If the Pont Neuf is one of the most significant places in this study, then 1661 is the crucial date. This is the year in which, following the death of his first minister and father-figure, Cardinal Mazarin, Louis XIV decided to assume personal rule and stop delegating affairs of state to a favorite. In doing so, Louis (and his ruthlessly ambitious acolyte Jean-Baptiste Colbert) had to eliminate Mazarin’s expected successor, the highly successful and flamboyant finance minister, Nicolas Fouquet, who was tried on trumped-up charges of embezzlement of state funds in one of the greatest injustices in French history until the Dreyfus Affair two and half centuries later.
Songs circulating on the Pont Neuf show how initial negative sentiments toward Fouquet were displaced by an increasing sense of the abuse of justice that unfolded during the lengthy three-year legal proceedings. These critical songs reached the ears of the court – and the monarch.
Initially, Fouquet’s family was dismayed by the choice of judges running this show trial, among them Olivier Lefèvre d’Ormesson. Hammond demonstrates how d’Ormesson, rather than being the yes-man they expected him to be, ended up following his conscience and arguing eloquently against executing the prisoner, thus cheating Louis XIV of the death sentence he hoped would be given to Fouquet.
Madame de Sévigné’s letters gave a vivid depiction of the sound world of the courtroom through her reporting of the spoken words of her friends Fouquet and d’Ormesson, which succeeded in changing the course of the trial. The king punished d’Ormesson by snubbing him thereafter, but popular songs lauded his courage. Michel Foucault famously observed that “where there is power, there is resistance,” and the Pont Neuf played its part in resisting the excesses of government.
The last part of the book reads like a detective story, taking as its cue a four-line song stating that an unfortunate man called Chausson was going to be burnt at the stake for the same offense for which another man, Guitaut, was about to receive the blue sash of the cordon bleu, the highest order of chivalry in the land. Having found manuscript evidence to get to the bottom of the mystery, Hammond reveals that both men were gay, but while the lower-born Chausson was burned at the stake for practicing same-sex love, Guitaut, the favorite of the Prince de Condé, one of the most powerful men of the kingdom, was honored. It is revealing that the song does not condemn same-sex love but rather institutional hypocrisy, expressing a sense of outrage that resonates in today’s society. Plus ça change…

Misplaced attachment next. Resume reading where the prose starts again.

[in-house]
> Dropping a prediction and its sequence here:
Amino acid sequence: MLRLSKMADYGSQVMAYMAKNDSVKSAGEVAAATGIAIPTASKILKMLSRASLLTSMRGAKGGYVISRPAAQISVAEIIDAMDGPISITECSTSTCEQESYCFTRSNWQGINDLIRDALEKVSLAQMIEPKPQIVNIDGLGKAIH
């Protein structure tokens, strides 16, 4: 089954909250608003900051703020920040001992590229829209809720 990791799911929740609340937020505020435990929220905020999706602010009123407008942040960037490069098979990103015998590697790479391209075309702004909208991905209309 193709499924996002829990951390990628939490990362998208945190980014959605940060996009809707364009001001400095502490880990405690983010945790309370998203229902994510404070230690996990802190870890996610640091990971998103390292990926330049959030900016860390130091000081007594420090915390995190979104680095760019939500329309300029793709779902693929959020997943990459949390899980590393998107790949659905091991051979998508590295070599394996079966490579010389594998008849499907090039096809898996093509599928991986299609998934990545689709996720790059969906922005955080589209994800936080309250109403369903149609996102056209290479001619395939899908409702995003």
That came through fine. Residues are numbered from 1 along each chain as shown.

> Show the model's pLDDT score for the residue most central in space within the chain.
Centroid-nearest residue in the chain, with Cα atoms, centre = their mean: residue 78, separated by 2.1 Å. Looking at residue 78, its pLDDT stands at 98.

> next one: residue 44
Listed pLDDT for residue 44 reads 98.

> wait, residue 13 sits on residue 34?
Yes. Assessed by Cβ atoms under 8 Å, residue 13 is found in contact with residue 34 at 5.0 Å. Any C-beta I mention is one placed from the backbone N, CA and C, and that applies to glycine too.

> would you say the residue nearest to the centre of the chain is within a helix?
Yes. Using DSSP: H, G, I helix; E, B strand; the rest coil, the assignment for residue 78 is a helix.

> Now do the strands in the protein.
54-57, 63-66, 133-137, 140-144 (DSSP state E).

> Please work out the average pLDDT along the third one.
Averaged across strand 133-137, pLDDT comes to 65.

Hammond brings life to the past and offers a fascinating and thought-provoking book, packed with anecdotes and colorful characters, that is of interest both to general readers and scholars. Along the way, we learn about key events during the 17th century and delve into the lives of a network of interconnected figures. Above all, we witness people not unlike ourselves dealing with much the same issues and challenges as our own.
The historian Jacques Le Goff ended his seminal 1964 survey of the Middle Ages, La Civilisation de l’Occident Médiéval (Medieval Civilization, 400-1500), by considering how, in looking at castles, wars and royalty, we forget all of those ordinary folk whose humble houses, like their existence, have disappeared forever. The Powers of Sound and Song in Early Modern Paris redresses this imbalance and gives us a panoramic cross-section of Parisians. Hammond concludes this page-turner by highlighting how the songs and sounds of early modern Paris “give voice to people who would otherwise have remained silent.” He is to be thanked for making them heard today.